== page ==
Game 62: Six Equals Seven

MVP. (Sean M. Haffey/Getty)
MVP. (Sean M. Haffey/Getty)

The Yankees are rolling right now. They had to work a little harder for last night’s win than they did over the weekend, but a win is a win, and the Yankees have won their last six games. They’ve outscored their opponents 60-12 in the process. Total domination. What a fun stretch of baseball this has been.

Tonight the Yankees are trying for their second seven-game winning streak of the season after having one such streak from 2013-16. They already have three winning streaks of at least six games this season. How many did they have from 2013-16? Three. Crazy. Anyway, a sixth straight win for CC Sabathia equals a seventh straight win for the Yankees. Let’s do this. Here is the Angels’ lineup and here is the Yankees’ lineup:

  1. LF Brett Gardner
  2. CF Aaron Hicks
  3. RF Aaron Judge
  4. DH Matt Holliday
  5. 2B Starlin Castro
  6. C Gary Sanchez
  7. SS Didi Gregorius
  8. 3B Chase Headley
  9. 1B Chris Carter
    LHP CC Sabathia

I’m sure the weather is great in Anaheim. It always is. Tonight’s game is scheduled to begin at 10:07pm ET and YES will have the broadcast. Enjoy the game.

Injury Update: Aroldis Chapman (shoulder) was supposed to pitch for High-A Tampa tonight, but the game was rained out. Joe Girardi said he’ll still pitch for Double-A Trenton on Friday as originally scheduled.

Roster Move: Tommy Layne cleared waivers and was outrighted to Triple-A Scranton, the Yankees announced. I believe he has a day or two to decide whether to accept the assignment, or become a free agent.

All-Star Voting: Judge remains the leading All-Star Game vote-getter among AL players. Pretty cool. MLB released a voting update earlier today. Judge is the only Yankee current in line to start the All-Star Game. Castro (second), Holliday (second), Gregorius (third), Sanchez (fourth), and Gardner (eighth) are all getting support at their positions.

Tuesday Night Open Thread

Did you stay up for that game last night? It was worth it. Aaron Judge getting loud MVP chants in Mike Trout’s home ballpark was something else. The Yankees are out on the West Coast all week, so the regular game thread will be along a little closer to first pitch. Until then, make sure you check out Michael Lananna’s article on Clarke Schmidt, the Yankees’ first round pick in the ongoing 2017 draft. Awesome stuff.

Here is an open thread until tonight’s game. The Mets are playing tonight and MLB Network will have a regional game as well. Talk about those games, Lananna’s article, or anything else here that isn’t religion or politics.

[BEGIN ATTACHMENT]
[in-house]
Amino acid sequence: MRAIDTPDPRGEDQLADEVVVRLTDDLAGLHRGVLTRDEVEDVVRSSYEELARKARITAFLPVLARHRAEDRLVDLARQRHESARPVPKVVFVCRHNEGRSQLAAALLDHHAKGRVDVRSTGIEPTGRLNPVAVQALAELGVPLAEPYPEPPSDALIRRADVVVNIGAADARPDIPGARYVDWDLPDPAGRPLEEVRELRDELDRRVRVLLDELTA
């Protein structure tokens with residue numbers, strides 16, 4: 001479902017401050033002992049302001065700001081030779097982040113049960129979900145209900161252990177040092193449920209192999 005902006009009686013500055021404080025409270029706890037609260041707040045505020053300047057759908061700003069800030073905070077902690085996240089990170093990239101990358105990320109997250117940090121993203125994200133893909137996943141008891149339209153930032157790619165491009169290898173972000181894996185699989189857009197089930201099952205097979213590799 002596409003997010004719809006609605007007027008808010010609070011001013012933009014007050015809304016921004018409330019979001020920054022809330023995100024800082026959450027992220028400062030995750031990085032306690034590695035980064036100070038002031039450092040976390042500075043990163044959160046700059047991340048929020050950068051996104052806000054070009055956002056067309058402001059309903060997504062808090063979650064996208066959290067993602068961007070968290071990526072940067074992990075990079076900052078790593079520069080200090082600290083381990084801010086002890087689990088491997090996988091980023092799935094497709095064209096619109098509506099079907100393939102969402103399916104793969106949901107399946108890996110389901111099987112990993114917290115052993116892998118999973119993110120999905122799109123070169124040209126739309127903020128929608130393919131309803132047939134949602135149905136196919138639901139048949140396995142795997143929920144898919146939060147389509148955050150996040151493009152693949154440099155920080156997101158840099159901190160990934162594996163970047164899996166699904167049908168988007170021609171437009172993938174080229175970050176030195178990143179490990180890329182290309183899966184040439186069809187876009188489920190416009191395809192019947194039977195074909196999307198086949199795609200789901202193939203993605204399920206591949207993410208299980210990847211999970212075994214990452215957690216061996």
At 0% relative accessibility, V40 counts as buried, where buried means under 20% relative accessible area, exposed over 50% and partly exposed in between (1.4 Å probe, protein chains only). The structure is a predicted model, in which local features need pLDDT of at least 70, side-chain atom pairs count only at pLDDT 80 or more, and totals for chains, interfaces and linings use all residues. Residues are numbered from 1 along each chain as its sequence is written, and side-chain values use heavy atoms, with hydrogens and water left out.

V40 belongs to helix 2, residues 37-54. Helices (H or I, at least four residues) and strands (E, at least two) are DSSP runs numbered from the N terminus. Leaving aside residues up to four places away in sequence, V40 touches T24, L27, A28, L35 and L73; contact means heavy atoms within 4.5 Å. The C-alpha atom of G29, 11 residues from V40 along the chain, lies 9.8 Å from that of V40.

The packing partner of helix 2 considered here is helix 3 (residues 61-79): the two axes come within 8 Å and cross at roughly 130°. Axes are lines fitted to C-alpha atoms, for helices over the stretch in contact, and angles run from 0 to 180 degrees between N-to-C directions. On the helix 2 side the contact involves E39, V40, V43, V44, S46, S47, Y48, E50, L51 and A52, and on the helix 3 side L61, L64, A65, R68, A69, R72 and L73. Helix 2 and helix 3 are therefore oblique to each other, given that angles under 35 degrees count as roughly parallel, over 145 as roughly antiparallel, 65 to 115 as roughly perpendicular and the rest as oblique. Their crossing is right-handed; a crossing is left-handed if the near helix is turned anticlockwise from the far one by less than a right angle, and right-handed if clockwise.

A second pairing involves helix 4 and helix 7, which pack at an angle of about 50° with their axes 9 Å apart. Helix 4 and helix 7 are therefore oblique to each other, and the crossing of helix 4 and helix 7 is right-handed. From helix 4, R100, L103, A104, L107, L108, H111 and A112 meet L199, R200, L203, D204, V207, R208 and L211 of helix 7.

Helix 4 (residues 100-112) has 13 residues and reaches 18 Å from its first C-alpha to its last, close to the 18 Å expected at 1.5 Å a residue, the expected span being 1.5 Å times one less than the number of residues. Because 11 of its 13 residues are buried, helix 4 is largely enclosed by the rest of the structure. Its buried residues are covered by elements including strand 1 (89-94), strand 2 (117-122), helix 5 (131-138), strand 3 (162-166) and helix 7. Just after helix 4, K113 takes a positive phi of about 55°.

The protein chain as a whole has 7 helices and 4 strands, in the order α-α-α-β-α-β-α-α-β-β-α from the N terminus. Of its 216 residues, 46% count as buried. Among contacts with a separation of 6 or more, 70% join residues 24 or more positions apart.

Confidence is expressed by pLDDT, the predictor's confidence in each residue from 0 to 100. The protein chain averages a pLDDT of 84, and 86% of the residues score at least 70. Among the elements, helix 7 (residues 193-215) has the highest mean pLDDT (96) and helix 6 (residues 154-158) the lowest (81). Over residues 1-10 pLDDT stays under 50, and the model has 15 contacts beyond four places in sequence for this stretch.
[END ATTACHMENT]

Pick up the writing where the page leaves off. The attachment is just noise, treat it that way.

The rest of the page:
Yankees want Sanchez to shed added bulk to improve blocking behind the plate

(Presswire)
(Presswire)

Because Aaron Judge is out there crushing everything in sight, it can be easy to overlook Gary Sanchez‘s impressive .276/.358/.530 (138 wRC+) batting line this season. Among the 21 catchers with at least 150 plate appearances, Sanchez is third in wRC+ and third with ten homers. He’s been awesome! Judge has been otherworldly.

One area in which Sanchez has seemed to struggle this season is blocking balls behind the plate. For what it’s worth, the blocking numbers at Baseball Prospectus say he’s been better this year (+0.2 runs) than last year (-1.4 runs). That doesn’t really match the eye test, I don’t think. Sanchez has appeared to have trouble keeping the ball in front of him at times this year. At least moreso than last year.

Either way, the Yankees acknowledge Sanchez has had some blocking issues, and Ken Rosenthal says they want him to shed some of the bulk he added over the winter to improve his mobility behind the plate. From Rosenthal:

Gary Sanchez, like Severino, had only good intentions when he packed on 12 pounds of muscle last winter. But rival scouts all season have noted that he is again struggling to block pitches.

Yankees general manager Brian Cashman believes that the added weight affected Sanchez’s mobility behind the plate, but adds that Sanchez is working to address the problem and become more like the catcher he was last year.

Sanchez holds a slightly different view — he said through an interpreter that he is indeed working on losing some weight, but didn’t think the added bulk created an issue with his catching.

Luis Severino, you may remember, added quite a bit of muscle last offseason, then all of a sudden last year his fastball command disappeared and his delivery was too stiff. Severino trimmed down a bit this past winter and he regained the fluidity in his delivery. His tempo is so much better.

Something similar could be happening with Sanchez behind the plate, and given Cashman’s comments to Rosenthal, the Yankees seem to think it is at least a possibility. Sanchez is not a great defender. He’s a bat first, second, and third guy. But he is adequate back there and he has improved quite a bit over the years. Sanchez doesn’t need to be peak Yadier Molina defensively to have value. Just be okay.

Because he is such a big dude — Sanchez is listed at 6-foot-2 and 230 lbs., and he is rock solid — Sanchez is always going to have to work hard to keep his weight in check, and that doesn’t necessarily mean bad weight either. Severino bulked up last year and it hurt him on the field. Sanchez bulked over the winter and now he’s not moving well behind the plate. There’s a happy medium somewhere and Sanchez is still searching for it.